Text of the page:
We’ve seen some crazy jewelry over the years: neck rings, lip plates, ear plugs made with empty film canisters. But up to now, none of it has been alive. Makech (also written maquech) just might be the craziest piece of jewelry we’ve ever encountered. These giant bejeweled beetles are traditionally worn by Yucatec Mayan women for a night out on the town.

Thomas was so intrigued that he had to try one on for himself. Honestly, I don’t think it works with Continue…

Watch Where You Step!

scorpionfish

Watch out! There are some scary things a-lurkin’ in those rocks just offshore. And they blend in with their surroundings perfectly.  The scorpionfish above appears to have activated its cloaking device. Can you see it?

Just in case you can’t quite make it out, we’ve added Continue…

Still Much to Discover

Are you, like me, worried that the mysteries of the world are quickly coming to an end, that all great discoveries have been made, that the world is quickly becoming a boring place. Well, it seems that Mother Earth still has some surprises up her sleeve.

We recently introduced the mysterious oarfish to our visitors in the form of a rather questionable picture of the legendary Naga from Laos. By some strange stroke of coincidence, scientists recently managed to capture a living oarfish on film for the first time. It’s quite a surreal creature.

Other recent discoveries here in the Philippines also spark the imagination. Researchers have discovered a new, multicolored giant monitor lizard which can grow up to two meters long in northern Luzon. (You might remember that we have a special place in our hearts for monitor lizards.) And straight out of Little Shop of Horrors, scientist have discovered a giant, meat-eating pitcher plant in Palawan, although I don’t think it will be swallowing up any people.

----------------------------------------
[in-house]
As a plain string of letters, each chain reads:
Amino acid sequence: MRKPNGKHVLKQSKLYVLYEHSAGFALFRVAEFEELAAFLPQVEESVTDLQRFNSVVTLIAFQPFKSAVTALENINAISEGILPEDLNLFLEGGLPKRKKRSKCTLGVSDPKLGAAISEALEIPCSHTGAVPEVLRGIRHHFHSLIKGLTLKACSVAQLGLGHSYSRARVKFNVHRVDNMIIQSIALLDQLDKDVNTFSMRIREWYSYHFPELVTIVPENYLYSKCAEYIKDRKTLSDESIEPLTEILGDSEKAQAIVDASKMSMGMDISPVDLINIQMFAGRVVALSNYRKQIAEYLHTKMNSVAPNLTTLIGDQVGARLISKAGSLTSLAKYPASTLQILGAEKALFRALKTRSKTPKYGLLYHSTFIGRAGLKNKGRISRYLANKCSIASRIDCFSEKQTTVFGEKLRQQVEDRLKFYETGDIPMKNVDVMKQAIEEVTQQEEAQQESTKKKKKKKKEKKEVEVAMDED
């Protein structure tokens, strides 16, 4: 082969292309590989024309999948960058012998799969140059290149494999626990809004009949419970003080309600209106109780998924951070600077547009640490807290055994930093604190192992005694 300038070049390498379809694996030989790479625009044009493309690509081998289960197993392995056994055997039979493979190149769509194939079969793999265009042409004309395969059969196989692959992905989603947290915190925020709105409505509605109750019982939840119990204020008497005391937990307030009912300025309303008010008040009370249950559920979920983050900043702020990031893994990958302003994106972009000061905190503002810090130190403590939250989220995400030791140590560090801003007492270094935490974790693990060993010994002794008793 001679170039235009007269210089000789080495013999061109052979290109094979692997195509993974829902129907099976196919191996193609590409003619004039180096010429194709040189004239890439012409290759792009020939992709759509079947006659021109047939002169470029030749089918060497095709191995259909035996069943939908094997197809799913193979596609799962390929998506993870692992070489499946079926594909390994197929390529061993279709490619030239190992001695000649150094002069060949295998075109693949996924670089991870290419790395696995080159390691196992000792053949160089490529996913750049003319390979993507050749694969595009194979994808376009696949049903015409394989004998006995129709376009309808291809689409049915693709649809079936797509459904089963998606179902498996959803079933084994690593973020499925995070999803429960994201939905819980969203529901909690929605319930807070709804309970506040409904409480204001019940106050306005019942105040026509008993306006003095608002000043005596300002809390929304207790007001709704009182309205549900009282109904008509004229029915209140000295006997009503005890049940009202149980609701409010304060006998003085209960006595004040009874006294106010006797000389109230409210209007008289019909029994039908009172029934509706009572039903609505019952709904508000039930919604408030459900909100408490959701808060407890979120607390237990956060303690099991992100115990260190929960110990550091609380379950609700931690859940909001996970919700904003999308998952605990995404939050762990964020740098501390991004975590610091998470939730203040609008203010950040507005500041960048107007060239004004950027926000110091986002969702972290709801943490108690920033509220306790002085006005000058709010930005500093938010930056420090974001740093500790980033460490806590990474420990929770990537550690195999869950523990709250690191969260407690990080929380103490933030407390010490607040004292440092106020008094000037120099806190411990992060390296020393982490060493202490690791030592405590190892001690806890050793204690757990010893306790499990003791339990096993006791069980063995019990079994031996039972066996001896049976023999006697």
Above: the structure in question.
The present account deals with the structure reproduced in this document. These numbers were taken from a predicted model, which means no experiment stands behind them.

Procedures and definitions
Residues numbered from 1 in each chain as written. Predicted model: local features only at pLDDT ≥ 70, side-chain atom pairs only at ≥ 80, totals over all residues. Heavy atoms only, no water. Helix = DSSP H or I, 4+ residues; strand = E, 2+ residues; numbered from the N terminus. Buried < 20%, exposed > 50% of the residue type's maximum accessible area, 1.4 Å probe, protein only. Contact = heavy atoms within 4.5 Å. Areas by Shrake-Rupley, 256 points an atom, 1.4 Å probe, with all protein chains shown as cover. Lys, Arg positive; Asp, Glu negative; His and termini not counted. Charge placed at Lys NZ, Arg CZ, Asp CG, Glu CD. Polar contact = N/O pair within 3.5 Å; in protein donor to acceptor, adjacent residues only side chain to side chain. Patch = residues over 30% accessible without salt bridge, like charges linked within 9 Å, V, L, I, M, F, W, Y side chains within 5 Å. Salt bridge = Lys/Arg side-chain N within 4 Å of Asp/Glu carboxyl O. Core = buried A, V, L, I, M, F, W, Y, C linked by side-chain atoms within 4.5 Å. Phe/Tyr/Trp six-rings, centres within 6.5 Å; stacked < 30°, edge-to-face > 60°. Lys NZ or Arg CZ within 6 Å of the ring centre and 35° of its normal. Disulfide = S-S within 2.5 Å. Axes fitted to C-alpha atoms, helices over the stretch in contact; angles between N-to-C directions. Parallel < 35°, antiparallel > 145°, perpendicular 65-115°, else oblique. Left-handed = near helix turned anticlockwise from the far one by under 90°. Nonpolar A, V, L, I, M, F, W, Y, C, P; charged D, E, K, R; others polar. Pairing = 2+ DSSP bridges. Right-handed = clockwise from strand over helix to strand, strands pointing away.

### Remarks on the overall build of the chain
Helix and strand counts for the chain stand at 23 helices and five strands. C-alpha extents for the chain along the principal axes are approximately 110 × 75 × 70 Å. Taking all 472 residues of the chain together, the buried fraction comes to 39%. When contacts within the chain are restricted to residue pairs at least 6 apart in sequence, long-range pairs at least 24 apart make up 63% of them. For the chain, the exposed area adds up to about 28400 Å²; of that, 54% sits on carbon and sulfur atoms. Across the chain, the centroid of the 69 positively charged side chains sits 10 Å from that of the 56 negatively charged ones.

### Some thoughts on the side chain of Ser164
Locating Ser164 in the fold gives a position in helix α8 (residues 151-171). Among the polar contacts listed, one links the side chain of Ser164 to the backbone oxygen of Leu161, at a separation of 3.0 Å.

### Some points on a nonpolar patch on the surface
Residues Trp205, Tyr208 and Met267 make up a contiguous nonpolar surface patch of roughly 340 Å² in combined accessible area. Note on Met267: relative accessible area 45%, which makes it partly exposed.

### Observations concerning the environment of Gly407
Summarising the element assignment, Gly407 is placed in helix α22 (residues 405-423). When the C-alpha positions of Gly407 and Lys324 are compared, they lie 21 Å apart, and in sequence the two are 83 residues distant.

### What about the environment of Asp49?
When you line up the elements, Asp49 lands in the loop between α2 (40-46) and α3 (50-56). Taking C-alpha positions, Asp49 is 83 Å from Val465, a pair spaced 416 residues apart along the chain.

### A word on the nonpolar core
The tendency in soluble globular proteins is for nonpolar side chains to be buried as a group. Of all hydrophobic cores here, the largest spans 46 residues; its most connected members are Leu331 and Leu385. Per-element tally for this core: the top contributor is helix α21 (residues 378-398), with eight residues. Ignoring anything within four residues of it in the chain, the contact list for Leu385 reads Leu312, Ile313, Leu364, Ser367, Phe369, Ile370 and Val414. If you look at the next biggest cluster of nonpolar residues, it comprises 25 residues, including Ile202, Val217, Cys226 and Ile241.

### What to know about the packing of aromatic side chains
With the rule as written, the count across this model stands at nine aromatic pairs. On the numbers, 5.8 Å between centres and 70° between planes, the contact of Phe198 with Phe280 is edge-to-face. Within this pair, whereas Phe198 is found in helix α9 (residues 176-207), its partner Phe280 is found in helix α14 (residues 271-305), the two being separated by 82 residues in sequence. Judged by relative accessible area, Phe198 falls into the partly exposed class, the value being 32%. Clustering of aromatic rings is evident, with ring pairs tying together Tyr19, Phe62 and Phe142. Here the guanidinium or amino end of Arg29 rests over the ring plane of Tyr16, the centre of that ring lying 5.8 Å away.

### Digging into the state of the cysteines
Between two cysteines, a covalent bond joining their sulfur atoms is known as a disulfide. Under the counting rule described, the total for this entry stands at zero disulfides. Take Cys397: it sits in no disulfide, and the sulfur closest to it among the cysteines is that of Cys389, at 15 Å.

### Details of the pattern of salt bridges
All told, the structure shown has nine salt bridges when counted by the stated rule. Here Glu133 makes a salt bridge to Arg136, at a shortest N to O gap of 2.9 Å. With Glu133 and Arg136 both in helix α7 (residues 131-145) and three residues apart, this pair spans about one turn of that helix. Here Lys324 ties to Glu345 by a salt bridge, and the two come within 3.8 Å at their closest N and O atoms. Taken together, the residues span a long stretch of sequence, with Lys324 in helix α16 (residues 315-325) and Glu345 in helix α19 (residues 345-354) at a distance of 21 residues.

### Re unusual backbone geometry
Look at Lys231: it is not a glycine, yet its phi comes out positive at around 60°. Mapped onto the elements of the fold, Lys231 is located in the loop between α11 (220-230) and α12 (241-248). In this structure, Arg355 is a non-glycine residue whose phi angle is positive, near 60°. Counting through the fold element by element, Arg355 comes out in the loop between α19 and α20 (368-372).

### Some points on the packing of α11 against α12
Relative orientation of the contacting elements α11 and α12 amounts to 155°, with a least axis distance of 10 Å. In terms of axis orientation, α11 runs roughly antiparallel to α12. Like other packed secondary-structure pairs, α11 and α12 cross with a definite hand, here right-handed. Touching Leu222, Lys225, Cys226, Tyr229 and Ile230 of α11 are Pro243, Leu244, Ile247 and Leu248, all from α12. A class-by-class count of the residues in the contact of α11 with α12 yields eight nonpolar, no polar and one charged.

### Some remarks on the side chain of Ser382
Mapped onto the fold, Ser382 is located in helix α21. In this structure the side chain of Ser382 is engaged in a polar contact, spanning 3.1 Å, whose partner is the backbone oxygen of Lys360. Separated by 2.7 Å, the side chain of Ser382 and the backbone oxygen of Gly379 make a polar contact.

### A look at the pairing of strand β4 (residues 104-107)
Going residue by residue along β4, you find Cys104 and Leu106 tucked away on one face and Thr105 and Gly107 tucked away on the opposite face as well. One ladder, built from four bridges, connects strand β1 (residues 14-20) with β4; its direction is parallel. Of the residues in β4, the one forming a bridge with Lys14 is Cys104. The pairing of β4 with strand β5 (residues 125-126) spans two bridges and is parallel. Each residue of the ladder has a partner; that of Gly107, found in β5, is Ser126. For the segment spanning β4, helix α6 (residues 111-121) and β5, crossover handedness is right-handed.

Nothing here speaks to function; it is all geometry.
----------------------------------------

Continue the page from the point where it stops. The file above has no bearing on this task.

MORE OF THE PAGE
Isn’t it great to know that there is still something to discover in a rather used-up world?

Legend of the Mekong Naga

Travelers visiting Cambodia and Laos are often shocked to discover a strange picture of American military men holding a 25-foot “Naga.” This mysterious animal, named after the legendary Hindu serpent deity, is said to have been pulled out of the Mekong by the American soldiers in Laos in 1973. Wow, that’s incredible!

Naga Picture

Except that it’s not true. In reality, the picture is far more domestic in origin than I would have imagined. The picture shows American military men in my home region of Southern California holding an oar fish. Although I’m a diver, I had never even heard of an oar fish until I started researching the picture on the Internet. Now, I realize there is yet one more amazing animal that I have to put on my must-see list.